Alexandria School Board members spoke with leaders from nearby school districts on staggered terms and board sizes and the takeaway was: Alexandria’s School Board is too bloated and too prone to rapid turnover.
Last night, Alexandria’s School Board hosted a panel to discuss potentially staggering Alexandria’s election cycle and adjusting the size of the board. On the panel:
- Peter Noonan — Superintendent of Falls Church City Public Schools
- Reid Goldstein — Arlington School Board Member
- Libby Garvey — Vice-Chair of the Arlington County Board
All of the panelists agreed that staggered terms are better for maintaining stability and that Alexandria’s nine-member board was too large to be effective.
Goldstein said five board members are ideal. While a larger Board can have more subcommittees, it also makes coordinating decisions exponentially more difficult.
“The downside of more board members to me is the amount of time and work you have to do calling each one saying ‘where are you on this? Did you talk to them about this idea?” Goldstein said. “That back and forth is extremely time-consuming with five of us, I can’t imagine how you do it with nine. I’d be worried about that with a larger board, even going from five to seven.”
Noonan agreed, having worked with sizes from five-person boards to twelve.
“A five-member board is really great,” Noonan said. “Part of the reason it’s great is, from an operational perspective, much of the work we do is relational… I think five to seven feels really right.”
The trio of panelists was also universally in agreement that staggered terms were better for preserving institutional knowledge and making governance overall more effective.
“I don’t really see any downsides to not staggering,” Garvey said. “If you want to make a quick change it’s a disadvantage, but these are organizations where you don’t really want to make quick changes because the whole thing can crash and burn. Continuity is so important.”
Garvey said that she considered herself a candidate who came to office pushing for a change in the status quo, the type of candidate that typically would benefit from not having staggered terms, but serving in that elected role changed her thought on that.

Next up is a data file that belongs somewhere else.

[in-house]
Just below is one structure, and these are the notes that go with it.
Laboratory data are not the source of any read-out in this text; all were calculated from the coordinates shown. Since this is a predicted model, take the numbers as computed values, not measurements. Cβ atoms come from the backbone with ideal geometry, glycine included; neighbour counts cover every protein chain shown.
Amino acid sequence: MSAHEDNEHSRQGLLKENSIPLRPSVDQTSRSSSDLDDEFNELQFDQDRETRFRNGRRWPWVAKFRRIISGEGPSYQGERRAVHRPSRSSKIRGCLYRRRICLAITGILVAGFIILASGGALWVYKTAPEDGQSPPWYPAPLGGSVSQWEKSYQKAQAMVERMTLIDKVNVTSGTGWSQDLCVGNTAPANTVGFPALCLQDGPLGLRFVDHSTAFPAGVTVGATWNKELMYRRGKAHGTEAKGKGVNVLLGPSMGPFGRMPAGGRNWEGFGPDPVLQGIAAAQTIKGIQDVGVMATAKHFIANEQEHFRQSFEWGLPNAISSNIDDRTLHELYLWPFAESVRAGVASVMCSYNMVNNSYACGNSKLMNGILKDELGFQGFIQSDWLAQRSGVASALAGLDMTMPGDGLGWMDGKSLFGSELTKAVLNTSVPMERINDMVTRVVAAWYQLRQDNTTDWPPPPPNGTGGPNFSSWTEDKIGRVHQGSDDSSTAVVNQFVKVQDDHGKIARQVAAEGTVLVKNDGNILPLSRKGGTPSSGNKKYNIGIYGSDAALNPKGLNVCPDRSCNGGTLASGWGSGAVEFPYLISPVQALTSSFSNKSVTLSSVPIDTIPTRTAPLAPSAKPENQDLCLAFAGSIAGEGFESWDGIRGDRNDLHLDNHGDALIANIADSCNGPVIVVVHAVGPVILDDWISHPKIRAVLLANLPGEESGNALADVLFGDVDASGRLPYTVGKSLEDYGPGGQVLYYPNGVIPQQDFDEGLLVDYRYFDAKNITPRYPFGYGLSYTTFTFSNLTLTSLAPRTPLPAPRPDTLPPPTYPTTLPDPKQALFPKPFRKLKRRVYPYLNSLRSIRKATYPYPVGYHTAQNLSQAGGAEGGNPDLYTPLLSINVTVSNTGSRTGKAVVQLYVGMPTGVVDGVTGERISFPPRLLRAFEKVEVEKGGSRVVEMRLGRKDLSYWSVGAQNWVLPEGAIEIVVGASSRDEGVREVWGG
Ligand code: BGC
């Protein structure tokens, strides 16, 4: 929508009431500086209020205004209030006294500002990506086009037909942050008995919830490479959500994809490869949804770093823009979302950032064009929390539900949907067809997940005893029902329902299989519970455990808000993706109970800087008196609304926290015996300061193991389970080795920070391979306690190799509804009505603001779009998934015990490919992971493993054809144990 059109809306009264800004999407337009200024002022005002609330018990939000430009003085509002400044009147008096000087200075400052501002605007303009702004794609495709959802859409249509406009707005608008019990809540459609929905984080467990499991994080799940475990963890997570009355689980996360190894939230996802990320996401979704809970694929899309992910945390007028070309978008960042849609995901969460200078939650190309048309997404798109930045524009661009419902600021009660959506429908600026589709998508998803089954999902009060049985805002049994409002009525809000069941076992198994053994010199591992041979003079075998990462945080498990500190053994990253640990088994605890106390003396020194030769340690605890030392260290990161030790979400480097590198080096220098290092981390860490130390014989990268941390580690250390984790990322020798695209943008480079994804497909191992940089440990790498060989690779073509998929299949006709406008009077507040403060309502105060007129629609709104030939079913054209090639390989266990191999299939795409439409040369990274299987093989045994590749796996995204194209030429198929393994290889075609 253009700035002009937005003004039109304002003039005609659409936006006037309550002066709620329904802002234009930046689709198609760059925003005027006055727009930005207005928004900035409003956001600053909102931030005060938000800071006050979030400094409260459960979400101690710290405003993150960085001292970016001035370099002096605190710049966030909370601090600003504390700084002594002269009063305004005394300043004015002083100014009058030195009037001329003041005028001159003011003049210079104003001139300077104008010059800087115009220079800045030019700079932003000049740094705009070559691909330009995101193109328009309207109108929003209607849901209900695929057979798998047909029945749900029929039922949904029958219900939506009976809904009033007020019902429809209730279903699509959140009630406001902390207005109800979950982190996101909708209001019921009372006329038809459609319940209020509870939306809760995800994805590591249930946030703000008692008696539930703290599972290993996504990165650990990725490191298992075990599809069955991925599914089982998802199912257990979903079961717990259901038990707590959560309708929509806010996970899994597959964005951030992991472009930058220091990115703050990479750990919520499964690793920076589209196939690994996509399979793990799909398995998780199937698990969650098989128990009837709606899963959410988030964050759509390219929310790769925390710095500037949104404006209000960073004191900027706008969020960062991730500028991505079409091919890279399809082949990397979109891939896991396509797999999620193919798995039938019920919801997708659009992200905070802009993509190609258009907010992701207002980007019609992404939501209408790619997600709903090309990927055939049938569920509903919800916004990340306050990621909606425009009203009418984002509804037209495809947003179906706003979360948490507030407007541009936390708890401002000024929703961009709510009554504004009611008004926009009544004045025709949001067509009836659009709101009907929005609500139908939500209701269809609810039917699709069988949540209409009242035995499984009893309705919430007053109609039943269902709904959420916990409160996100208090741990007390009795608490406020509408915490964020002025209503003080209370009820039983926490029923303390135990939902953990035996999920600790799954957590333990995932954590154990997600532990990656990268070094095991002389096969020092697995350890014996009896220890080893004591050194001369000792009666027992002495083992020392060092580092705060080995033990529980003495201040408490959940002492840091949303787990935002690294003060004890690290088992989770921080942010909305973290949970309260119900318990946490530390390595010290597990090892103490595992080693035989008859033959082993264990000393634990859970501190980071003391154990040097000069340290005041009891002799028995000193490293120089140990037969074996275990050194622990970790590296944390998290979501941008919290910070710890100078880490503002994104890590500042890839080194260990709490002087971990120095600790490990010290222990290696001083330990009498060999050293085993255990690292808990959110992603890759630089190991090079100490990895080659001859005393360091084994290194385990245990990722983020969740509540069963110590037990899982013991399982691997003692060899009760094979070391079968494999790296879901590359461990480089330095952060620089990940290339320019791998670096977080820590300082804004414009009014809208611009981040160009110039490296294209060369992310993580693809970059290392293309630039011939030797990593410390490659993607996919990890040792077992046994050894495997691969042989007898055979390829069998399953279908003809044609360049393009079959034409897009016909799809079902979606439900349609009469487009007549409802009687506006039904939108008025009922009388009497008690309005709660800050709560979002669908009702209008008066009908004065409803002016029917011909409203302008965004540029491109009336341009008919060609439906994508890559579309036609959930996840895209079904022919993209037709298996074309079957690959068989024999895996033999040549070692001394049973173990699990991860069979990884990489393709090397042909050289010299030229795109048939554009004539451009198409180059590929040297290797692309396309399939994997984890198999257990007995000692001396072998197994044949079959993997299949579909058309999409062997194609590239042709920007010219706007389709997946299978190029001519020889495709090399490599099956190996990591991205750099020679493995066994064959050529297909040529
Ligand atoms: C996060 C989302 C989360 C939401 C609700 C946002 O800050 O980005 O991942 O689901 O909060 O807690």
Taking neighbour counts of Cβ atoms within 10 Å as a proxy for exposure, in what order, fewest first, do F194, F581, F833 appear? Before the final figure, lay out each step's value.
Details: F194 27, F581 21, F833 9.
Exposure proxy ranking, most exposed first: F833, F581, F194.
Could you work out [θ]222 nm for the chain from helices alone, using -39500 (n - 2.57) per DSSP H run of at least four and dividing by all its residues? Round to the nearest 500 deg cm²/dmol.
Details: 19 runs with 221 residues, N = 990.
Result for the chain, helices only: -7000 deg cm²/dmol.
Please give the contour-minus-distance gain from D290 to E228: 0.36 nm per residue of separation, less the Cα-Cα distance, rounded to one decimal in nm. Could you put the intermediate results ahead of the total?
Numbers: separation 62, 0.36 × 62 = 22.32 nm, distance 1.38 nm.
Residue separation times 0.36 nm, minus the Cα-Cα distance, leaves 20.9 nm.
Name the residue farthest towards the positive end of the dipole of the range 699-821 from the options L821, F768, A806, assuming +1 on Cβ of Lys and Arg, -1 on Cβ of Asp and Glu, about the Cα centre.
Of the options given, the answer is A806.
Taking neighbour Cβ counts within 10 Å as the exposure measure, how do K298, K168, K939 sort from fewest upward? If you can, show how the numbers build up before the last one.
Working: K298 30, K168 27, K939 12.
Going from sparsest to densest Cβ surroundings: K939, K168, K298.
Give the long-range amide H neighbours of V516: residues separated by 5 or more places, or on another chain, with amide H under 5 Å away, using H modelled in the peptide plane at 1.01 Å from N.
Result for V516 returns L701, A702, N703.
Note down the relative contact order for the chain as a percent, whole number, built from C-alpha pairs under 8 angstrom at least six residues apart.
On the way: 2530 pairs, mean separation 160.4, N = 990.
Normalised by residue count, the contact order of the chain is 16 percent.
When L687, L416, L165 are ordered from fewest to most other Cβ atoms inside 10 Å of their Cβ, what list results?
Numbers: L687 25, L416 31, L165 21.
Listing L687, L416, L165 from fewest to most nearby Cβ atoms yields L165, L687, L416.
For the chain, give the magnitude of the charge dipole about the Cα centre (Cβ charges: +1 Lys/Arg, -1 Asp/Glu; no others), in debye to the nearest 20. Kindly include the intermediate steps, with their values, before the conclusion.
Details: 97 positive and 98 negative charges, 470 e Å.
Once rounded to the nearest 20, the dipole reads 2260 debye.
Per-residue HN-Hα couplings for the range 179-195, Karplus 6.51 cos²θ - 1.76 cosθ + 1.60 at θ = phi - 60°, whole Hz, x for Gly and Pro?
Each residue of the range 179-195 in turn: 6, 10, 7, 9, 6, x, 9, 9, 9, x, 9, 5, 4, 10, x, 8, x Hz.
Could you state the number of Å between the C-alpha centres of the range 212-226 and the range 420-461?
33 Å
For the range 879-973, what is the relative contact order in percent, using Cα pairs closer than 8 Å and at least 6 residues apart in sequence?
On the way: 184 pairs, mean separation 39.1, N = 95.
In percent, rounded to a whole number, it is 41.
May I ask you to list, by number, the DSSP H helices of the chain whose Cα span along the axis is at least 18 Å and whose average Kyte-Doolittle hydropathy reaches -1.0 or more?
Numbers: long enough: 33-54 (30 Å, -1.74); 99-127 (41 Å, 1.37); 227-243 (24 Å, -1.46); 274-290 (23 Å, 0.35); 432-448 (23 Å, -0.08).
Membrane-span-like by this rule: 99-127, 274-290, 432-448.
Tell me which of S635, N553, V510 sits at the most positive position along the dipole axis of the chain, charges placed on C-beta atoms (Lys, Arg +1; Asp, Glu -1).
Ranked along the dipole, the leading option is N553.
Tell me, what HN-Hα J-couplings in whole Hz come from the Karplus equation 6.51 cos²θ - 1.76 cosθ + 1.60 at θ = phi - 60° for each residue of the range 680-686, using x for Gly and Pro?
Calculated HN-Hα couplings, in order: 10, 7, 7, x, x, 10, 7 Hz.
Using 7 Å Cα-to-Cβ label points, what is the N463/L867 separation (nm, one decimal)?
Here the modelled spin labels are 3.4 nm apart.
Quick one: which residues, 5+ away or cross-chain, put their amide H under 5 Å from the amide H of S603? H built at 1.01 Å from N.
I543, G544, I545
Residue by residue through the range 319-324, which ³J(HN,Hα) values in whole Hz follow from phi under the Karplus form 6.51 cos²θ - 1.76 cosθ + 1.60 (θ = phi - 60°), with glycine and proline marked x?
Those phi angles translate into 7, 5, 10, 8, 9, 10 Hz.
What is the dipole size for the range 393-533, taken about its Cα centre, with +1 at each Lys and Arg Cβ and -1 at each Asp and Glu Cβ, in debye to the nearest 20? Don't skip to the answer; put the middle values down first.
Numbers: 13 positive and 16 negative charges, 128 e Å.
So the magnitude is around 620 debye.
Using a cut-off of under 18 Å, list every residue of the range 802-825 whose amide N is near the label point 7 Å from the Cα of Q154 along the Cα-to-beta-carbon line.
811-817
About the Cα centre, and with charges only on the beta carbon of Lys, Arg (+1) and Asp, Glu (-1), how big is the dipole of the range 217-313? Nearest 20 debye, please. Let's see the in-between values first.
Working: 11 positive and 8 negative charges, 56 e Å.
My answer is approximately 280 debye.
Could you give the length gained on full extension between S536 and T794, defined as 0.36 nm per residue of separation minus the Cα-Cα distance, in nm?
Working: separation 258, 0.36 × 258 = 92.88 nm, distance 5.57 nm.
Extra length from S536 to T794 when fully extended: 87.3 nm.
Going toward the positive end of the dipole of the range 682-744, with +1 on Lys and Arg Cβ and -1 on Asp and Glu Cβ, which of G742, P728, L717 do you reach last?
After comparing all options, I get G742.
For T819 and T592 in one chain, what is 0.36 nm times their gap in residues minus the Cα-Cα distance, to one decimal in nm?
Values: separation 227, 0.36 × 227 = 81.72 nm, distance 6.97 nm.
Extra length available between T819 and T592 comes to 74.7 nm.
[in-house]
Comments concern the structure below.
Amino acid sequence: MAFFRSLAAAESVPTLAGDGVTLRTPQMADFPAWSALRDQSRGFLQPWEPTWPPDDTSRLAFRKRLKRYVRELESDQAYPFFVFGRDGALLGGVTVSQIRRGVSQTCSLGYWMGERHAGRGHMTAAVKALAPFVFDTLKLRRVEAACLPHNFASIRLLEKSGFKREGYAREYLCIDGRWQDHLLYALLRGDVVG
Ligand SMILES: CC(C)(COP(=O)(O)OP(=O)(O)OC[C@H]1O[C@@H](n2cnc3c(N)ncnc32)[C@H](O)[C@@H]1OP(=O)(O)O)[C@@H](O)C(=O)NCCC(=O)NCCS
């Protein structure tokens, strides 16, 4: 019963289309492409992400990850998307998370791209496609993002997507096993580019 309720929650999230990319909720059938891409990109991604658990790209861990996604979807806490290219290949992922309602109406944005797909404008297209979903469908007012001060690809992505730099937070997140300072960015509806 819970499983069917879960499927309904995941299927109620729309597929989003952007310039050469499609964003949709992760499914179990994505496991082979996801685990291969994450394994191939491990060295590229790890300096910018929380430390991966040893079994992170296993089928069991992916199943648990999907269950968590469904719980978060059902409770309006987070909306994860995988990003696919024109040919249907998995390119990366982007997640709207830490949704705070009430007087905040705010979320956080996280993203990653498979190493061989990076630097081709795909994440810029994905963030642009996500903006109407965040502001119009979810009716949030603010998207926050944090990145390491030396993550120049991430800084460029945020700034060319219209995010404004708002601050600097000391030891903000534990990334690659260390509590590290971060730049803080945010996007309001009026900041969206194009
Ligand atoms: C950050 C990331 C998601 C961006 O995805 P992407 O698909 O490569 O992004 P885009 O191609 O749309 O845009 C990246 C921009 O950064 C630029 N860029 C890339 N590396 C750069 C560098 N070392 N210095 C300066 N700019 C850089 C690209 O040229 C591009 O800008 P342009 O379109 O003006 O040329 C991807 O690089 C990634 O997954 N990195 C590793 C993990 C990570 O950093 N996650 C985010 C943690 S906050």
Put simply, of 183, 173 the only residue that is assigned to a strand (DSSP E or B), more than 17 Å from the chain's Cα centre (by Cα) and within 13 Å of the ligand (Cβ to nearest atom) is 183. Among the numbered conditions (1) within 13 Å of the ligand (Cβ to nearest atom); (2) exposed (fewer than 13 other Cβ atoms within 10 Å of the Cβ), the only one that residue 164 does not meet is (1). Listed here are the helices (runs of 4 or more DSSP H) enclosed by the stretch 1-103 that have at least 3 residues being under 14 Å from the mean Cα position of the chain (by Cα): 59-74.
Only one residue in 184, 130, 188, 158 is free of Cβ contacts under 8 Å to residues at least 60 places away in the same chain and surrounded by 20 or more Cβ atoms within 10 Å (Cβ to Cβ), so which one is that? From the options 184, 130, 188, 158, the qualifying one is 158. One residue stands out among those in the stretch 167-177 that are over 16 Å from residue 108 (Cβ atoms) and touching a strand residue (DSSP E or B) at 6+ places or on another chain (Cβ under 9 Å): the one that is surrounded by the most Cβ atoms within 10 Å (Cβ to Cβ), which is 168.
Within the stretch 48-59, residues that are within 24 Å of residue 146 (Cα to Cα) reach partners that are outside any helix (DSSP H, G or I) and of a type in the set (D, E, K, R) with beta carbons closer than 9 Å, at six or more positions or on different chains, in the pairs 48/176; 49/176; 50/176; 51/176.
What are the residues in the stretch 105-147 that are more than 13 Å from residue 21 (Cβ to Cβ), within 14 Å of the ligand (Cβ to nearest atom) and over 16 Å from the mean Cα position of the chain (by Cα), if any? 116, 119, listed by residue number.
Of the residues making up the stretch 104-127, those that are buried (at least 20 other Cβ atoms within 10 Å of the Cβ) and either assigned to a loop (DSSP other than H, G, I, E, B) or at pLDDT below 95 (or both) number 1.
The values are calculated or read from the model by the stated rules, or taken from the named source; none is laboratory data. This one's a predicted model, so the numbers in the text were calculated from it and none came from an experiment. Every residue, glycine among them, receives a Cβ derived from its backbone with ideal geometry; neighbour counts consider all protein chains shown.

“If you turn the boat too quickly, the whole thing might capsize,” Garvey said. “Having the whole crew change is overwhelming. Some change is good. We have a lot of change coming up with two new board members after eight years of being pretty steady.”
Goldstein said with the level of turnover Alexandria has seen in its School Board, members are leaving the board just as they are getting used to their roles.
“I do see a difference, there is more continuity,” Goldstein said. “Board members are learning the job, they’re digging in. That’s particularly noticeable when you’re turning over board members and you have a newbie who takes six months to a year to find their sea legs. When you’re not turning over board members, bringing a new one on every year, there’s a noticeable difference in the maturity level and the continuity.”
Noonan said that, from a staff perspective, it can be a challenging year and a half as new School Board members get settled into their roles and go through a learning curve.
“Everybody comes to it with a good idea of what they think the school system should look like, but once you pull back the curtain, it’s different than what you might think,” Noonan said. “Bringing new board members right away on the budget cycle has been good but challenging. From an operational perspective, it takes a lot of time and energy to do onboarding.”
There were a few other parts of Alexandria’s School Board election cycle that struck the panelists as being inefficient. Noonan said four-year terms rather than the current three-year terms, for instance, would line up with most superintendent contracts.
Garvey also took aim at Alexandria’s district system for its School Board.
“Alexandria is so small,” Garvey said. “I live in South Arlington and I had to get up to North Arlington and I had to listen to people, to what they wanted, and I had to think about it. Sometimes it was a bother and it pulled me out of my comfort zone, but it made me a better School Board member and County Board member. I don’t think it’s all that helpful… to be balkanized [into three districts].”
The panelists also agreed on one other topic, Alexandria’s School Board needs to play nice with City Council, especially if the School Board wants to move forward on changes that will not only require city approval, but state approval. Alexandria’s School Board has an, at times, notably fraught relationship with city leadership.
“You need to have the City Council on board with you,” Garvey said. “Maybe take them out to dinner and break bread. You’re not going to be able to do this [without them] and hopefully, you get them to come along.”
“A good relationship with your City Council is paramount,” Goldstein agreed.
For what it’s worth, 65.7% of ALXnow readers said in a poll yesterday they believe Alexandria’s School Board should have staggered terms.
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